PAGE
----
Label: Deutsche Grammophon
Cat. No.: 480 7216
No. Discs: 2
Karl Böhm made the first complete stereo recording of Elektra in 1960 for Deutsche Grammophon and to this day, remains one of the sonically and artistically most exciting recordings of this work. Böhm knew Strauss personally (the booklet includes a delightful photo of the two of them relaxing together!) and conducted several premieres of the composer's works. All the principals, led by Inge Borkh, are thrilling and incisive, and it is fitting that in this, the 150th anniversary of Strauss's birth, this key recording be reissued.
'It is a joy to hear [Inge Borkh's] high notes, loud or soft, taken so securely and so dead centre. She makes such things as the end of the Agamemnon monologue, the trying passage at the end of her scene with Klytemnestra, and her part in the final duet, absolutely thrilling - grand, true and beautiful singing allied to a fine conception of the great role [...] Jean Madeira's dark, rich toned voice is natural for the part of Klytemnestra [...] it goes without saying that Fischer-Dieskau makes a living person of Orestes [...] Fritz Uhl gives an excellent portrayal of the ill-fated Aegisthus [...] Karl Böhm commands the greatest admiration - the huge orchestra plays superbly [...] As for the recording, it is so good and spacious that one rarely adverts to it' Gramophone (1961)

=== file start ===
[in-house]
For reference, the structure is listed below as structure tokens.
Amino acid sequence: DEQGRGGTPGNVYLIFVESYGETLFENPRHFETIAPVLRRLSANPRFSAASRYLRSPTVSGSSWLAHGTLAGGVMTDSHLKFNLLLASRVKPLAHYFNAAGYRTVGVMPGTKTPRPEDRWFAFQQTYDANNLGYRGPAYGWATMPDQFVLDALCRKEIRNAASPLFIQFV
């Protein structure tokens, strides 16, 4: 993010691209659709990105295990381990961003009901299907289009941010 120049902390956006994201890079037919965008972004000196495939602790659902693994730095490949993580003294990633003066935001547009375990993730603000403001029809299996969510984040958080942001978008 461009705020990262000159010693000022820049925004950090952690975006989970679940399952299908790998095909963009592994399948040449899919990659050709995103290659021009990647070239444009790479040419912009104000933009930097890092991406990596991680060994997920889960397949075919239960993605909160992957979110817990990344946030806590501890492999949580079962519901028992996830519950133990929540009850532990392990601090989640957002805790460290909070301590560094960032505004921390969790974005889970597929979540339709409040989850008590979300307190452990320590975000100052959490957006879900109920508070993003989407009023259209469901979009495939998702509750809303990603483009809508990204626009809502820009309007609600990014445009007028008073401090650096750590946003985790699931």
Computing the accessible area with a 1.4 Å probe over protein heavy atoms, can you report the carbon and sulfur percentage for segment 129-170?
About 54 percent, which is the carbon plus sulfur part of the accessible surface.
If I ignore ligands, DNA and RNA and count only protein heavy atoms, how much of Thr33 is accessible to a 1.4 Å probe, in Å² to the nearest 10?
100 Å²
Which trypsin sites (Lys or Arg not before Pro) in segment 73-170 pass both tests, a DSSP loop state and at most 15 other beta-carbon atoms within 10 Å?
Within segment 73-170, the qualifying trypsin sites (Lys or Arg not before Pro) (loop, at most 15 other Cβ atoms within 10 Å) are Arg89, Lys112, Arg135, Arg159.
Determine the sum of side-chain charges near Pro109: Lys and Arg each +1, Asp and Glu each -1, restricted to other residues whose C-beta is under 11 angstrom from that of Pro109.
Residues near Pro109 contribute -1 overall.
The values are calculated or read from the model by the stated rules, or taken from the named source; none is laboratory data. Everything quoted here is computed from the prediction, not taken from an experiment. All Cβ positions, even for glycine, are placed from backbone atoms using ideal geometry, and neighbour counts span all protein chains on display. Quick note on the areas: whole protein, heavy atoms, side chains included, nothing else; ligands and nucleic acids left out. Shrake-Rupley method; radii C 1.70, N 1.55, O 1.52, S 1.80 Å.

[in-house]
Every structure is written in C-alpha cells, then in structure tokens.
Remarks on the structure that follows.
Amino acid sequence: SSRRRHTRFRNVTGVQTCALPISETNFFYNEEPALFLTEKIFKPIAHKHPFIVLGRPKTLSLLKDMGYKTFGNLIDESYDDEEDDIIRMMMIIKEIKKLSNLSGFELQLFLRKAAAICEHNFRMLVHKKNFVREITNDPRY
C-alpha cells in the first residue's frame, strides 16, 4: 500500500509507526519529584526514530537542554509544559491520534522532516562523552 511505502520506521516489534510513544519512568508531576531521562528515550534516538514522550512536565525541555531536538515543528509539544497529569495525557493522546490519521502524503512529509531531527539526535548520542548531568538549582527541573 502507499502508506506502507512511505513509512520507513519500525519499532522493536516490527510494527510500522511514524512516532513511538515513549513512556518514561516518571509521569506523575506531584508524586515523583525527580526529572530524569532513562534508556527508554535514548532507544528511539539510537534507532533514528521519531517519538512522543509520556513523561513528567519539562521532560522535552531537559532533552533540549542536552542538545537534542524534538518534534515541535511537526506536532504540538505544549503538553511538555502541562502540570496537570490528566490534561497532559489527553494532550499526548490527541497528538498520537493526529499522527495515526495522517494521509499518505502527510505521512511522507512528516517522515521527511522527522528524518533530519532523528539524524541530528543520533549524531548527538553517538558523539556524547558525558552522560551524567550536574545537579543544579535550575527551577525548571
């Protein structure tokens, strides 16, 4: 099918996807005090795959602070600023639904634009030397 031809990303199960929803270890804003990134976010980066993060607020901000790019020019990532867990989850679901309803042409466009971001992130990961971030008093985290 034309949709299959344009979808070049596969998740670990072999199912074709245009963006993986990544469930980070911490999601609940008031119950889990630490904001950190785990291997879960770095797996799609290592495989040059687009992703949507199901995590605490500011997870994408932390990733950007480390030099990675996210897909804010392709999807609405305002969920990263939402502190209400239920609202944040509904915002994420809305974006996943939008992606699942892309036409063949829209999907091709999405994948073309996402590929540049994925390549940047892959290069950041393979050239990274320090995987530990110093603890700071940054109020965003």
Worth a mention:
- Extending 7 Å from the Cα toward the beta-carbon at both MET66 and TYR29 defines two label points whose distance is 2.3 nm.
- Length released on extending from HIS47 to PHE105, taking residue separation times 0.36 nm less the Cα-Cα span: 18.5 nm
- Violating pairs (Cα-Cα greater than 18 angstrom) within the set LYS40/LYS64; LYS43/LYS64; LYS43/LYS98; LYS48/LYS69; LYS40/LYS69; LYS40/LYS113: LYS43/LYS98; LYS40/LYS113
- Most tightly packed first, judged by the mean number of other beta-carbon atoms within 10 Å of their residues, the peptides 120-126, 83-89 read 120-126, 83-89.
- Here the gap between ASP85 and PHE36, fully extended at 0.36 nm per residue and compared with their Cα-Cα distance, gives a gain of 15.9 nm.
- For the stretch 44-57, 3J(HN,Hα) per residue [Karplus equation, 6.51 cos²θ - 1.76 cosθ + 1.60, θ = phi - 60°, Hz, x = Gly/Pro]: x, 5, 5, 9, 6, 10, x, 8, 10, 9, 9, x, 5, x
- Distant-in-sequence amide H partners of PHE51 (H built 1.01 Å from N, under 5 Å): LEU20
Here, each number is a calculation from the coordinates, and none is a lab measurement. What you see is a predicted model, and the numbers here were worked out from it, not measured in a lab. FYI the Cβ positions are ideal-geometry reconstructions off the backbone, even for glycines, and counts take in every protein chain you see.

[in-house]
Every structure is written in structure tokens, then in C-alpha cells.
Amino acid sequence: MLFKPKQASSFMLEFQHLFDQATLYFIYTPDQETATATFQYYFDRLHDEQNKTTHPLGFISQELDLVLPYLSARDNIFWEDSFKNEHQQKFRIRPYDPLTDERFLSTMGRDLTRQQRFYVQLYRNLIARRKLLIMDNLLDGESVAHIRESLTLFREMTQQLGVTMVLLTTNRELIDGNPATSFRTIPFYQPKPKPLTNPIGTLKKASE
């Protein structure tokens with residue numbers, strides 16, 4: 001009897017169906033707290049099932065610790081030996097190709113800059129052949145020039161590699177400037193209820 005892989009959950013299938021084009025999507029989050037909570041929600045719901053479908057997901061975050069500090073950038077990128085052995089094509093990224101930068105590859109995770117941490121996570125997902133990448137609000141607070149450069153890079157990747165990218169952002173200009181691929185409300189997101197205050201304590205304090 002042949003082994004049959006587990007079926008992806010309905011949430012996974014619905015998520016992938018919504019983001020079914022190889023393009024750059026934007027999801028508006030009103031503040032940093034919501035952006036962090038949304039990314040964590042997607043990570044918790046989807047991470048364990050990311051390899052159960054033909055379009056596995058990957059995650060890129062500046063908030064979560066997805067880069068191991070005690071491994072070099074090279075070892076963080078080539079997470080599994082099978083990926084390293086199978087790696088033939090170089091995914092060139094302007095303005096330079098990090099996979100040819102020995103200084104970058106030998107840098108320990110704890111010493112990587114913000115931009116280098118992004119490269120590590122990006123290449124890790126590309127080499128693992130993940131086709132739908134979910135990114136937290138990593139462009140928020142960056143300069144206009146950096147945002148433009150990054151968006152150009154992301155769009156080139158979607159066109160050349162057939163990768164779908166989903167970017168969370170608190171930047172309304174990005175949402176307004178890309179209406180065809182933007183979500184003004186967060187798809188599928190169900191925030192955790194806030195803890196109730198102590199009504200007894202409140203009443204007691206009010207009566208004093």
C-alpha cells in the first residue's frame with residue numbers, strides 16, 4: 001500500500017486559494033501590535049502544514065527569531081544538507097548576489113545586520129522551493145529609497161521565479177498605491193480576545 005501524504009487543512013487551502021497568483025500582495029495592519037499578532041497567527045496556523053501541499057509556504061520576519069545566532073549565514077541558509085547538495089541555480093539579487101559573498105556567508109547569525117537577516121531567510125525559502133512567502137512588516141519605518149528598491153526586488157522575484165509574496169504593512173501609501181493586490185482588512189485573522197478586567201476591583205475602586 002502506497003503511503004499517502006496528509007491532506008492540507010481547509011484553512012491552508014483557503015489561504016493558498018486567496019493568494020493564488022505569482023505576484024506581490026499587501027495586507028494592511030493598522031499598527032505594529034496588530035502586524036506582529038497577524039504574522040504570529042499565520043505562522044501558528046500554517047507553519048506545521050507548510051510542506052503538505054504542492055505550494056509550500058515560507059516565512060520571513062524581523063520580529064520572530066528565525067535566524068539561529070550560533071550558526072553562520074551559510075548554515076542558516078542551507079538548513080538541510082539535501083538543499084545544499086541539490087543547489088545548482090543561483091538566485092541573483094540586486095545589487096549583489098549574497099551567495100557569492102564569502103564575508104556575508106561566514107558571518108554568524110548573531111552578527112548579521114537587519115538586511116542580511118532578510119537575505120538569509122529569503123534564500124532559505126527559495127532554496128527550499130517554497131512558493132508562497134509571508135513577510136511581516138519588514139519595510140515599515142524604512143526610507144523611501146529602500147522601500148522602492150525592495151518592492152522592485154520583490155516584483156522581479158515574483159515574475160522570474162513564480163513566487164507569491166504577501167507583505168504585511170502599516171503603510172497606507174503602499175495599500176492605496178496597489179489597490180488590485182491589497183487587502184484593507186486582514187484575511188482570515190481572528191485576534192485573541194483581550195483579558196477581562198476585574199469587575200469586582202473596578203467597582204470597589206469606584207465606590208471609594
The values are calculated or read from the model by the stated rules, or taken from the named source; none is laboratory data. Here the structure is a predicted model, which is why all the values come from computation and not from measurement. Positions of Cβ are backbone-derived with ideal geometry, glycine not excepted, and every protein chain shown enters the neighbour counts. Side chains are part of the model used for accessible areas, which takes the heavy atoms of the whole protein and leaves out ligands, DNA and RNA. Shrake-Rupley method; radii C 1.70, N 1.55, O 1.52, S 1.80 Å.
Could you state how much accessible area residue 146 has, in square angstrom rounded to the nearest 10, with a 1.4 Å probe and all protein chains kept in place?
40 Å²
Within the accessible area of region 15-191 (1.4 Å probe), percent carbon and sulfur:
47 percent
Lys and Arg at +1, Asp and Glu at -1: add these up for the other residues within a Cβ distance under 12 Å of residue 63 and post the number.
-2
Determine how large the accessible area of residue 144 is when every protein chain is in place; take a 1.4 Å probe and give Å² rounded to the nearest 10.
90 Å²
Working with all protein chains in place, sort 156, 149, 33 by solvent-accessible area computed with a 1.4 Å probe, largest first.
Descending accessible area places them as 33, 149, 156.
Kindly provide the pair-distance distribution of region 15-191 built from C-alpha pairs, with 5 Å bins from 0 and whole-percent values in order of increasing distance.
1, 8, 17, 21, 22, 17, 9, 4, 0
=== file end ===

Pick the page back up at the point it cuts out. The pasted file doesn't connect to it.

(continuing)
'Borkh makes Elektra womanly from the start, Jean Madeira enunciates the second part of the Klytemnestra scene with a quasi-improvisatory clarity, the orchestra's parallel triads slither and shriek, and there is Dietrich Fischer-Dieskau: solemn, fearful, with an almost dismissive inflection' Gramophone (2013)
'Even more so than the Vienna Philharmonic, the Dresden Staatskapelle totally understands Strauss' idiom: it premiered many of his works and plays with that unique sound only an orchestra who has worked with a composer can. It plays faultlessly, and Böhm's tempi, often very fast, add an excitement to the playing that makes the brass snarl and roar as on no other recording, the woodwind chatter and whisper incomparably and the strings dig in with tremendous depth. Under Böhm the opera has intense momentum, although it is never overplayed, and in many parts Böhm makes more of the great, sweeping Romantic melodies than conductors who are more measured in this opera. Inge Borkh is almost near perfect as Elektra, her singing, as only a true actress can, illuminating the hysteria, compassion, love and determination of her creation. Dietrich Fischer-Dieskau is a meltingly deep toned Orest (the Recognition Scene is magical) and more than copes with the strains of the extended range of Orest's music. All in all, a remarkable recording.' MusicWeb International